100 million in funding isn’t a guarantor for success. In fact, sometimes it just allows a doomed startup to die slower and more expensively.
Recently, New York data analytics firm CB Insights has been diving into the details surrounding how and why startups fail. They crunched the numbers to determine the top 20 reasons startups fail, and now they’ve dug into their venture capital database to find the most well-funded startup companies that ultimately failed or that had an undesirable exit. Some big names make the list as founders and supporters, including the president himself and famed Red Sox pitcher Curt Schilling.
Here are 11 of the biggest failures they documented:
By the time it shut down in 2010, investment firms Kleiner Perkins Caufield & Byers, Goldman Sachs and DAG Ventures had sunk nearly $500 million into Terralliance, a technology-based exploration company whose algorithm for telling petroleum engineers where to drill excited investors. Singaporean sovereign wealth fund Temasek promised the company another $1.1 billion, but Terralliance began to unravel in 2008 before the deal was made.
Pixelon quickly rounded up about $35 million in venture financing from firms including Advanced Equities, but things took a turn for the worse after it was discovered that the real name of Michael Fenne, the company’s founder and former chairman, was Paul Stanley, who had been on Virginia’s most wanted list for several years, after skipping bail following a stock swindling conviction.
Despite President Obama’s blessing, a $536 million U.S. Energy Department loan guarantee and a $25.1 million tax break from California’s Alternative Energy and Advanced Transportation Financing Authority, the solar company fell to bankruptcy in 2011, citing expensive production costs and lack of demand. Not that any bankruptcy is smooth, but this one was far from it. In fact, the filing was only the beginning of Solyndra’s troubles. The FBI and US Department of the Treasury suspected the firm misrepresented finances to the government in seeking the loan or engaged in accounting fraud and launched investigations. On October 10 2012, the U.S. Department of Justice objected to the bankruptcy plan amidst allegations that “the plan’s primary purpose is tax avoidance through the preservation of hundreds of millions of dollars of net operating losses after reorganization.” In U.S. Bankruptcy court, the judge ruled in favor of Solyndra. During this time, President Obama was under fire for Solyndra as well. During his re-election campaign in 2011 and 2012, the political advocacy group Americans for Prosperity spent $8.4 million in swing states on television advertisements denouncing the loan guarantee. The Wall Street Journal described the advertising campaign as “perhaps the biggest attack on Mr. Obama so far.”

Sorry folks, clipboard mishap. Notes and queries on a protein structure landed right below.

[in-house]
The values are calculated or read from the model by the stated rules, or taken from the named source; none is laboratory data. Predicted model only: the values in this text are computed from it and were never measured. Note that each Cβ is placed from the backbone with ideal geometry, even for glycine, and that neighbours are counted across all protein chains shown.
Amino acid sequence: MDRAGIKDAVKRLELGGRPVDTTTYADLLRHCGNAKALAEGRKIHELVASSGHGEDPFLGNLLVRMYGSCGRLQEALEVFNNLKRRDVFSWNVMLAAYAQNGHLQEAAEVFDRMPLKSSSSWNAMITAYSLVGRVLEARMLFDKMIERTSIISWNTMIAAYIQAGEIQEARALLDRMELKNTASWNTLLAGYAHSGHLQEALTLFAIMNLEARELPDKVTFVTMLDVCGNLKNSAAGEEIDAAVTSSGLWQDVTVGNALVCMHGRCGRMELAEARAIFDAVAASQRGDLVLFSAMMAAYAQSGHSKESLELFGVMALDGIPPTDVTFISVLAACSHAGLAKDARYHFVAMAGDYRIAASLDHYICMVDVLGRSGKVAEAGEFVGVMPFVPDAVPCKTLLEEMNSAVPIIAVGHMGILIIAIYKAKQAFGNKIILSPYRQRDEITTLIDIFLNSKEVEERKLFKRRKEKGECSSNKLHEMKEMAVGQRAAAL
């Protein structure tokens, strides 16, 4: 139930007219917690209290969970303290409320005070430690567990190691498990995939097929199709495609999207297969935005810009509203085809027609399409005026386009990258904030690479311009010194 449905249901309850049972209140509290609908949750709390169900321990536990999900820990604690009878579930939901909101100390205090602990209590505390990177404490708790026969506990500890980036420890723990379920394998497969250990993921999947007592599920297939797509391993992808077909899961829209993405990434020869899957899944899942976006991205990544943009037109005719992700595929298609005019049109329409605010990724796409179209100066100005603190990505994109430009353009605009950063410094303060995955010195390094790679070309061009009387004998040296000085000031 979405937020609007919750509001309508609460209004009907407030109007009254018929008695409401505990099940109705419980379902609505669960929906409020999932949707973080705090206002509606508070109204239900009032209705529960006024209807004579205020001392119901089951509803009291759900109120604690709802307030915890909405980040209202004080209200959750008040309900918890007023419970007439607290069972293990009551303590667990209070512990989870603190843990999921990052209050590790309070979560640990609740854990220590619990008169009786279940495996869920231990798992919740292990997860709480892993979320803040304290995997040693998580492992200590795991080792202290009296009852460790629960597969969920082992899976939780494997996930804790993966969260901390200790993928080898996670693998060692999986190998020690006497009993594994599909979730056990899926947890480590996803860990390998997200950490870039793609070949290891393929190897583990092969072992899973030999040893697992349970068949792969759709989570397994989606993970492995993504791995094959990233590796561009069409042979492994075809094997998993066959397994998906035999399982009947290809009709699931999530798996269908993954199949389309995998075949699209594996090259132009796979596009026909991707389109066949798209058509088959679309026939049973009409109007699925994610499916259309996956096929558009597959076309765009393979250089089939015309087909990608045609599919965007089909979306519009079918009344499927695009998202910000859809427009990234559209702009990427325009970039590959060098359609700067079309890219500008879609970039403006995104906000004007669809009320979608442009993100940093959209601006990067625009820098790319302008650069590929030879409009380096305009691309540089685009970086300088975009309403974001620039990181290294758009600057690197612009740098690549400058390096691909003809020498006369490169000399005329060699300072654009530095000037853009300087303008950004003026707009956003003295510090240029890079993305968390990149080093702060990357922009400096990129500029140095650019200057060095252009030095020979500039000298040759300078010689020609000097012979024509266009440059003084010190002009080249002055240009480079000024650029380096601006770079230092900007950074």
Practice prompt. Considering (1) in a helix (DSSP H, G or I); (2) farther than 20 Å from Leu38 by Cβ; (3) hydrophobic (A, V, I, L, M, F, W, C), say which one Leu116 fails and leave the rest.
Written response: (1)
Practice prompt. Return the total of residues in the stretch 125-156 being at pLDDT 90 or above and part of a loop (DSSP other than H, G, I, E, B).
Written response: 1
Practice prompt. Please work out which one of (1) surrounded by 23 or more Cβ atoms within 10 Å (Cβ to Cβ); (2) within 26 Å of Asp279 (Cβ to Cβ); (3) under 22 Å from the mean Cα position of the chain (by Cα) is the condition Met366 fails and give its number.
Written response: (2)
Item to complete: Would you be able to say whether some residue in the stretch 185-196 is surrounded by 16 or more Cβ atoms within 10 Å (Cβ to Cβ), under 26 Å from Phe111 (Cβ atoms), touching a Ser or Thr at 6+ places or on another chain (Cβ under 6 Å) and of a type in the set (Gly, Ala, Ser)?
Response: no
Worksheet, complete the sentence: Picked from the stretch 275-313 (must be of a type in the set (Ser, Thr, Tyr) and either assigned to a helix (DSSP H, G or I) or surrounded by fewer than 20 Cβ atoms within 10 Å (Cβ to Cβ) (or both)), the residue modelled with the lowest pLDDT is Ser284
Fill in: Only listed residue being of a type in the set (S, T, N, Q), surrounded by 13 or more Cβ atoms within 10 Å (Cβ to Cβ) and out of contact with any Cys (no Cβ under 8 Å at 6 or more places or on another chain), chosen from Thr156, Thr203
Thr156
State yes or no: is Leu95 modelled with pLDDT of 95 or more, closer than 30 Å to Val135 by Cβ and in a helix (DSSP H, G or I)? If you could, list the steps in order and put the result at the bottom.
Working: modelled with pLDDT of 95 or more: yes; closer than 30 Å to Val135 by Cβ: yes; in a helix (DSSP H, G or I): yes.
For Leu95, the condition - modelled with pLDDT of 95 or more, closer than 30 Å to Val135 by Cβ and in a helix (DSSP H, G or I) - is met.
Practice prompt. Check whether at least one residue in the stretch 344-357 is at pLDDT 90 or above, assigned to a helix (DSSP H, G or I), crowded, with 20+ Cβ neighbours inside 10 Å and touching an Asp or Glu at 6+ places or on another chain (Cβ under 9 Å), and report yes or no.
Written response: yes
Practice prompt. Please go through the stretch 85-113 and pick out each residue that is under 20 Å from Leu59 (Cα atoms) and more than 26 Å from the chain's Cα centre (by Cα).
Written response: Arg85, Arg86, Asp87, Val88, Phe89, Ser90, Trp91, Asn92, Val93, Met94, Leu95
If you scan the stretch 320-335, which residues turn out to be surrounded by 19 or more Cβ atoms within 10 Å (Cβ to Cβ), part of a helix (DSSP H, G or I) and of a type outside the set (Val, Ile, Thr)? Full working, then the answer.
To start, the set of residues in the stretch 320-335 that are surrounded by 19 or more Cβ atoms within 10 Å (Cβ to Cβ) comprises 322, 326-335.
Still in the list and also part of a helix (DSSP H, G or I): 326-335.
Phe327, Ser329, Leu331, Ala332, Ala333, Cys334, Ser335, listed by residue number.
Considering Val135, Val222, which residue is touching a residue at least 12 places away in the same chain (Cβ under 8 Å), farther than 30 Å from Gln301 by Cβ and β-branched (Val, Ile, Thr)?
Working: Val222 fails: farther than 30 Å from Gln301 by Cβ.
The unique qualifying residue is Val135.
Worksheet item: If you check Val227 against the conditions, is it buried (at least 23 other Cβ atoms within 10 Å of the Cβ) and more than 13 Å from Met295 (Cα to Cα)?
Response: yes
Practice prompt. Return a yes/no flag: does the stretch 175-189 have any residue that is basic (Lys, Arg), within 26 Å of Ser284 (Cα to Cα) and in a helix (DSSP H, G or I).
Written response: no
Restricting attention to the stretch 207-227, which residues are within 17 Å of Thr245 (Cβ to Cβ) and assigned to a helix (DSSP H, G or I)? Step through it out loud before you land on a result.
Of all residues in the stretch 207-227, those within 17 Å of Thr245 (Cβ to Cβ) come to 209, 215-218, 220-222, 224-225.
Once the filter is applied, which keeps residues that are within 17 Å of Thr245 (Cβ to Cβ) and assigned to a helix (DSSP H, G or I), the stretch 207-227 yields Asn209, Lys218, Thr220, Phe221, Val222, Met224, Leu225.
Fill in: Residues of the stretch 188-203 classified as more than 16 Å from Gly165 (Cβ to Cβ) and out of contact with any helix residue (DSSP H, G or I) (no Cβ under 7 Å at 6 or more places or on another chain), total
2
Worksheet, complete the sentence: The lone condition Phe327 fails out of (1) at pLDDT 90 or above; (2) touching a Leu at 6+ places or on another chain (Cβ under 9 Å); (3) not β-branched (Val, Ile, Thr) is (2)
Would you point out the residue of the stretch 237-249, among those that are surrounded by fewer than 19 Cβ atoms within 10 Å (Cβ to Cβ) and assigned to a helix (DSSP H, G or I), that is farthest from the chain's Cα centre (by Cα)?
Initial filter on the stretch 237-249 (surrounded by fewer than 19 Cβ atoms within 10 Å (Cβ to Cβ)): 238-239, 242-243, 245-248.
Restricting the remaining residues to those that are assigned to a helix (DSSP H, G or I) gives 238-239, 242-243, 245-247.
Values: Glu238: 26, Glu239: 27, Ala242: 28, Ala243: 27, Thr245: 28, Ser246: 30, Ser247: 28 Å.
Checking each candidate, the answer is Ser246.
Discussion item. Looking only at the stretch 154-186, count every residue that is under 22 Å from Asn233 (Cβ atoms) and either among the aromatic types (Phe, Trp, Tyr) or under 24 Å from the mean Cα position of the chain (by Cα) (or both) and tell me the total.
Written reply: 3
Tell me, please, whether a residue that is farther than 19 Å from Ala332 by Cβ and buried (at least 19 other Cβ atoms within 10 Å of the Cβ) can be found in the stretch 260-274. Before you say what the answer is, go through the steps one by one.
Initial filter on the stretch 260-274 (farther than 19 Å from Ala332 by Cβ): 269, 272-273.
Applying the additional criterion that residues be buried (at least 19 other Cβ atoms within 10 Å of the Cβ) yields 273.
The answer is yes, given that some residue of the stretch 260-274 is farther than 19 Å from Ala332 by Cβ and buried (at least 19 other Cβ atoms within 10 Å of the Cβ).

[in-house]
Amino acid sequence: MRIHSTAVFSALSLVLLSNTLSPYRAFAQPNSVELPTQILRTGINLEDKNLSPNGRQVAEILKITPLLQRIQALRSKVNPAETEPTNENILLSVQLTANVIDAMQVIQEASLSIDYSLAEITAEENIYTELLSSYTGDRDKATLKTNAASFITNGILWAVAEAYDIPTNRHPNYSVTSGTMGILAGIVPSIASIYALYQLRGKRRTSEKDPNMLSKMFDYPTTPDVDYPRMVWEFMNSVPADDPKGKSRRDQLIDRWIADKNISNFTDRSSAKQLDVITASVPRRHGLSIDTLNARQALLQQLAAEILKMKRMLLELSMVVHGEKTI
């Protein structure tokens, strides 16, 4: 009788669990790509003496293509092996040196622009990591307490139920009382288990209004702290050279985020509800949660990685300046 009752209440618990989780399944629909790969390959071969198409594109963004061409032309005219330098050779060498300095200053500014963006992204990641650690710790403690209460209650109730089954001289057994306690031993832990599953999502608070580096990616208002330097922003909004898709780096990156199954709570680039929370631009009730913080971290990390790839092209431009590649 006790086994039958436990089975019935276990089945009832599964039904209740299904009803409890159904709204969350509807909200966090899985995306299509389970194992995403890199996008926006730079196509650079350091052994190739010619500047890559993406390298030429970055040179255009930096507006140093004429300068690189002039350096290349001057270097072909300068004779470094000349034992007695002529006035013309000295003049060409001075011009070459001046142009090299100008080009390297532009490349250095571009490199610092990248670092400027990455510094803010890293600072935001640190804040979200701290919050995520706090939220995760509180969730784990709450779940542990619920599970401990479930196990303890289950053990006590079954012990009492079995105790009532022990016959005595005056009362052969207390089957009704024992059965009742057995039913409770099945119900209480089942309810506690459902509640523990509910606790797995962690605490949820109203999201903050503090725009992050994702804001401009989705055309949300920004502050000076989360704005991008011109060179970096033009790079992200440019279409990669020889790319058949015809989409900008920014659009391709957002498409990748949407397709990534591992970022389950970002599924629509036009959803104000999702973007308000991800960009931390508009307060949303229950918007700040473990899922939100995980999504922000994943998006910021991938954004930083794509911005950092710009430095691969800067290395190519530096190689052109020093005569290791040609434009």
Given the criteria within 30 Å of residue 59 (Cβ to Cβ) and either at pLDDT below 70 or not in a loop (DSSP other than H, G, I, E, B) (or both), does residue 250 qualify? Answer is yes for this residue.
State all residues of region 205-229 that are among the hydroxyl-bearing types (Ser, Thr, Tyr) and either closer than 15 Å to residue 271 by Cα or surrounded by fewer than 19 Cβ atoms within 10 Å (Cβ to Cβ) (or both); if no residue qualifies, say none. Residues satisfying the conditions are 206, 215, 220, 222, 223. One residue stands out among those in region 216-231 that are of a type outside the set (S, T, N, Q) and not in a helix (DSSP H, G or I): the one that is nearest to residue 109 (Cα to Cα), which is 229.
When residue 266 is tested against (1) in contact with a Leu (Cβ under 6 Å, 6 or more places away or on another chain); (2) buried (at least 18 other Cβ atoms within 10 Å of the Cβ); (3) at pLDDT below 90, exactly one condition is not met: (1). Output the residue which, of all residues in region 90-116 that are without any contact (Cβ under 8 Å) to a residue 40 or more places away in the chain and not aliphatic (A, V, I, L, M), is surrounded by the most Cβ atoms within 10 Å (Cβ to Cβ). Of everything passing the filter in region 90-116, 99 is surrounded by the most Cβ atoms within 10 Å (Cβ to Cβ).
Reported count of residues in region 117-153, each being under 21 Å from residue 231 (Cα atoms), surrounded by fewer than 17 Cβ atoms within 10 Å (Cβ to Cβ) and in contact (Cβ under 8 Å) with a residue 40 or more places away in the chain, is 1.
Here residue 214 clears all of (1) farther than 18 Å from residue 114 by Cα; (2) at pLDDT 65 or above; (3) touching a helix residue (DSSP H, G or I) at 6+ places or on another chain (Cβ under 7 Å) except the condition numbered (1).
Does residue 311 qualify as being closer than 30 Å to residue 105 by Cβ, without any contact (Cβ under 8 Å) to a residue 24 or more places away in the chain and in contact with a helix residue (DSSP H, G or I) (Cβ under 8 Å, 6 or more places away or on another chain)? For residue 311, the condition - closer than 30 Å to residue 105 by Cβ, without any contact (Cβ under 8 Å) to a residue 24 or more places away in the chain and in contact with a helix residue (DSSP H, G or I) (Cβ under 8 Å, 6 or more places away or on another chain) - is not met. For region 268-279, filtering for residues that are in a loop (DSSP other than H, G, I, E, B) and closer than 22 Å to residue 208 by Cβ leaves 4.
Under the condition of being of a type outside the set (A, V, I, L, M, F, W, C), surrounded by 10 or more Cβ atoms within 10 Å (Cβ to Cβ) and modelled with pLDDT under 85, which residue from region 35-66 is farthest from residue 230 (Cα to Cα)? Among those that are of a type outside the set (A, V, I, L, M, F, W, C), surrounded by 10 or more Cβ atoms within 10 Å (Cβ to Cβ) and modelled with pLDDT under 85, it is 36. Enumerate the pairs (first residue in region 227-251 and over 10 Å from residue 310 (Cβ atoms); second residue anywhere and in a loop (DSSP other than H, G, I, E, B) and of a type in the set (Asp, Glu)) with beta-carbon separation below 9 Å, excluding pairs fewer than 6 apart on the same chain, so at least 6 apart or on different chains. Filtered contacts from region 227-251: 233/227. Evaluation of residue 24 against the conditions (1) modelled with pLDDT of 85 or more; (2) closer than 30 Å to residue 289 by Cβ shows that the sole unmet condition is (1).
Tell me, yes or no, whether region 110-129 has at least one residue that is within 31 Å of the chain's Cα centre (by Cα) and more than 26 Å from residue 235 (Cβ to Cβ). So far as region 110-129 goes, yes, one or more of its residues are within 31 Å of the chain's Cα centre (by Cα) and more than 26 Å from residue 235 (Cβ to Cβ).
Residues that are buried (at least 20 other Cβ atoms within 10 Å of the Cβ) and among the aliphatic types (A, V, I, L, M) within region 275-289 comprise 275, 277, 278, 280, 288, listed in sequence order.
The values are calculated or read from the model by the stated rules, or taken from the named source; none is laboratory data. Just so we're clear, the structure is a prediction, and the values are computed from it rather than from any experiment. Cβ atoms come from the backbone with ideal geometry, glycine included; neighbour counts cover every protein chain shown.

4. Webvan Group
Webvan promised to revolutionize the supermarket industry with online ordering, and went on to raise $800 million in funding from VC firms including Sequoia Capital and Softbank Capital. They grew quickly, but there wasn’t enough demand to start turning a profit. The company shut down in 2001.
5. Amp’d Mobile
In two years, mobile phone company Amp’d Mobile blew through $360 million in funding and collapsed in 2007. As Engadget put it back then, “Maybe it was Verizon’s most recent in-court request to stop serving up costly airwaves for which it couldn’t pay, maybe it was the cold reality that it’ll allegedly have a mere $9,000 in the bank as of next Monday.”
6. Powa Technologies
This UK company, which helps clients maximize their online sales, raised a total of $176.7 million in funding from VC firms including Wellington Management and Otto Group. While still pre-revenue, they went belly up last month, failing to pay employees and getting locked out of their own offices because they didn’t pay rent.
7. 38 Studios
Rhode Island Economic Development Corporation is said to be out as much as $110 million following the 2012 failure of 38 Studios, the American entertainment and IP development company MLB pitcher Curt Schilling founded and named after his jersey number in 2006. With nearly $151 million in debt and just $22 million in assets, 38 Studios was liquidated through Chapter 7 bankruptcy.
8. Cerveza Networks
After raising more than $137 million in private equity financing, the Marlborough storage equipment startup shut down in 2002, blaming poor market conditions. Goldman Sachs, Oak Investment Partners, North Bridge Venture Partners and Intel Capital were all out the money.
One of the famous dot com flops, eToys had an operating loss of nearly $86 million the year after it raised $166 million when it went public. When it folded, it was on the verge of being delisted from the Nasdaq stock exchange because it has failed to maintain at least a $1 share price for 30 consecutive days.
10. Pay By Touch
Before we all unlocked our phones with our fingerprints, Pay By Touch tried to make it happen in stores. The company raised more than $300 million from venture capital firms including Mobius Venture Capital and Rembrandt Venture Partners, but filed for Chapter 11 in 2007 because the concept just didn’t take off.
The dot com collapse also hit AllAdvantage.com, which paid people to surf the Internet (obviously so their information could be sold to advertisers). After raising $135 million in venture funding, the site collapsed after two years in operation when traffic took a deep dive. The site went from drawing two million visitors each month to less than 600,000.